(Source: ENISA)

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ENISA

Thursday, September 23, 2010 3:06:09 PM (W. Europe Standard Time, UTC+01:00)  #     | 
 Tuesday, September 21, 2010

Harrisburg University has banned these social media sites, as well as MySpace and AOL Instant Messenger, for one week on the Pennsylvania campus, starting September 13.

The ban is not because of any security or privacy issue. Rather, it is an experiment to make students and faculty members think about the significance of social media and how best to benefit from this channel in its absence. "We're not trying to stop all access to these sites," says Charles Palmer, executive director of the Center for Advanced Entertainment and Learning Technologies. "We're trying to enhance people's ability to reflect on how technology impacts their daily lives and really generate valuable conversations." According to Jeffery Mechling, a prominent author and lecturer at the Harvard Kennedy School, "People depend a lot on those they trust. Making those connections easier is powerful, as social media have demonstrated. But this is a new phenomenon, so studying and understanding better is valuable."

 

(Source: Bank Info Security)

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Bank Info Security

Tuesday, September 21, 2010 4:42:46 PM (W. Europe Standard Time, UTC+01:00)  #     | 

In UK, ISPs must pay 25 per cent of the cost of implementing new anti-piracy measures, it has been announced. The process of identifying and informing broadband customers suspected of copyright infringement will be paid for partially by ISPs and copyright holders, who will pay the other 75 per cent.

The decision comes as the government attempts to thrash out the details of how some parts of the controversial Digital Economy Act will actually work in practice. Minister for Communications, Ed Vaizey, said: "Protecting our valuable creative industries, which have already suffered significant losses as a result of people sharing digital content without paying for it, is at the heart of these measures. "The Digital Economy Act serves to reduce online copyright infringement through a fair and robust process and at the same time provides breathing space to develop better business models for consumers who buy music, films and books online.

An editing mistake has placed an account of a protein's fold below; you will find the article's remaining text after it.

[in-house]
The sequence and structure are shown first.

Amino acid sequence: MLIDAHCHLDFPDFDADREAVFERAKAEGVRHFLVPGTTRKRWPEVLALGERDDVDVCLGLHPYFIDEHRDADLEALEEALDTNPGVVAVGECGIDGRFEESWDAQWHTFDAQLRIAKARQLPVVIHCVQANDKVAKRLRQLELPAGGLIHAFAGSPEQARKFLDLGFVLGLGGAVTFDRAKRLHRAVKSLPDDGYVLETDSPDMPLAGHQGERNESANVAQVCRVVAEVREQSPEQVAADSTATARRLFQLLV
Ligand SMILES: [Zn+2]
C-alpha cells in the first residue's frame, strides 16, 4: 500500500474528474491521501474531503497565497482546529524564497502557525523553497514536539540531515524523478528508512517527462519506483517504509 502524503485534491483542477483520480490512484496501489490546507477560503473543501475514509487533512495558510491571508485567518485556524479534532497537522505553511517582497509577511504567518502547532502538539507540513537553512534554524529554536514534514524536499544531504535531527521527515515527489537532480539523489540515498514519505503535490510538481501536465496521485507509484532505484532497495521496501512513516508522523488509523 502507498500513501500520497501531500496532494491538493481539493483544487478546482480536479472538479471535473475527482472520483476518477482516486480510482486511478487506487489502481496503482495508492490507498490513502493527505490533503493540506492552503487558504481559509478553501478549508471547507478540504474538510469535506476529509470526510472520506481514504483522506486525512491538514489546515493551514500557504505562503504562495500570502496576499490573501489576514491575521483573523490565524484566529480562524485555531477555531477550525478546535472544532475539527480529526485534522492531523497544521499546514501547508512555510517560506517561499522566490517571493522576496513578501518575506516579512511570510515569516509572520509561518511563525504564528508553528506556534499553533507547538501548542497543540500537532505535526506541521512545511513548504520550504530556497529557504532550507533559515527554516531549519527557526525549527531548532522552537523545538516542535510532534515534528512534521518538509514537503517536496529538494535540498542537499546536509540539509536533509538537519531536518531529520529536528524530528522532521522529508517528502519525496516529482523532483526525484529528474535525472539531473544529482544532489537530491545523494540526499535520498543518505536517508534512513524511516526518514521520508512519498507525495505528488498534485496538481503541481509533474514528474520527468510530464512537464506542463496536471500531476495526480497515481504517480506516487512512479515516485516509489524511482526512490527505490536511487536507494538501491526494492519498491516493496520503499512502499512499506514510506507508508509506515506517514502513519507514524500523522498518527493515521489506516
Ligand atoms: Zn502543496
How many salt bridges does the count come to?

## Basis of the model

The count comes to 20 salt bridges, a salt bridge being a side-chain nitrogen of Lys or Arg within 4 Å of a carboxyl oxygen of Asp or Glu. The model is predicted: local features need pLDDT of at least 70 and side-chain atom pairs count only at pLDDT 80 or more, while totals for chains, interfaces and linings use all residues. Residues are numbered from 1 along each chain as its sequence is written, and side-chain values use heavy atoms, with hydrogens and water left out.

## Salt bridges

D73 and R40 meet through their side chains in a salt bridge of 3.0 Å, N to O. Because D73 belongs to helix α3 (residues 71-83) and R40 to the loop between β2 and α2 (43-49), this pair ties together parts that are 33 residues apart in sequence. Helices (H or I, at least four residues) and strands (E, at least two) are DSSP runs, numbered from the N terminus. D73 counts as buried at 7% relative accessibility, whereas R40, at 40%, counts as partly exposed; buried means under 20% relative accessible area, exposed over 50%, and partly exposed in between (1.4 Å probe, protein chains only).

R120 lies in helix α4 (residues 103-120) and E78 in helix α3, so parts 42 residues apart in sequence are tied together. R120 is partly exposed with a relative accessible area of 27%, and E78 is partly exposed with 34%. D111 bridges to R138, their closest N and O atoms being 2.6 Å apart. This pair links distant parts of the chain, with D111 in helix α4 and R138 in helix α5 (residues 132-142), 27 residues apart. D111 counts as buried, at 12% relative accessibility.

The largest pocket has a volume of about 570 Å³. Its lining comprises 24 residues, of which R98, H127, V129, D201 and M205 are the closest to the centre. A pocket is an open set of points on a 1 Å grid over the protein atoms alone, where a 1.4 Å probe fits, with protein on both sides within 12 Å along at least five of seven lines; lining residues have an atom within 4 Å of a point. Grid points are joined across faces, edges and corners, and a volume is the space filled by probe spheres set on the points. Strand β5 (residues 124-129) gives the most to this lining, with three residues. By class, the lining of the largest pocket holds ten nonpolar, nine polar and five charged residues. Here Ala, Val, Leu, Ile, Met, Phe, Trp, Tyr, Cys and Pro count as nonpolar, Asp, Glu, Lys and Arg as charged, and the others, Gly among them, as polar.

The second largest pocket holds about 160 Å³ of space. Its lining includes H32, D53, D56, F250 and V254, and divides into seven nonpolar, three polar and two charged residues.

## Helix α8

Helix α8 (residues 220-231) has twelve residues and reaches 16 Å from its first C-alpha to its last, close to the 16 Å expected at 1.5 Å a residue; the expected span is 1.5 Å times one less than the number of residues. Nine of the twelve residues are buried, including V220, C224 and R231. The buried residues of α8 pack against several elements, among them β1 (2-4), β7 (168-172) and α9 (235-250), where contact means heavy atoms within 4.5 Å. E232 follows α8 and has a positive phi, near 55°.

(Source: Webuser)

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Webuser

Tuesday, September 21, 2010 3:25:52 PM (W. Europe Standard Time, UTC+01:00)  #     | 
 Monday, September 20, 2010

The 2011 Global State of Information Security Survey is a worldwide security survey by PricewaterhouseCoopers, CIO Magazine and CSO Magazine. It was conducted online from February 19, 2010 to March 4, 2010. Readers of CIO and CSO Magazines and clients of PricewaterhouseCoopers from around the globe were invited via email to take the survey. The results discussed in this report are based on the responses of more than 12,840 CEOs, CFOs, CIOs, CSOs, vice presidents and directors of IT and information security from 135 countries. Thirty-seven percent of respondents were from Asia, 30% from Europe, 17% from North America, 14% from South America, and 2% from the Middle East and South Africa. For the main finadins please click here

 

(Source: Price Waterhouse Coopers)

Monday, September 20, 2010 12:59:31 PM (W. Europe Standard Time, UTC+01:00)  #     | 

Germany is the first country to launch a large scale malware cleaning project backed by the government, Internet service providers and security companies.

The new Anti-Botnet Counseling Center (Anti-Botnet Beratungszentrum) is an organization dedicated to assisting German users with removing botnet infections from their computers. It was established with funding from the Federal Ministry of Interior and the technical assistance is provided by the Federal Office for Information Security (BSI). The initiative was announced late last year as a collaboration between the Federal Government and the German Internet Industry Association (eco).

 

(Source: Softpedia)

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Softpedia

Monday, September 20, 2010 12:56:00 PM (W. Europe Standard Time, UTC+01:00)  #     |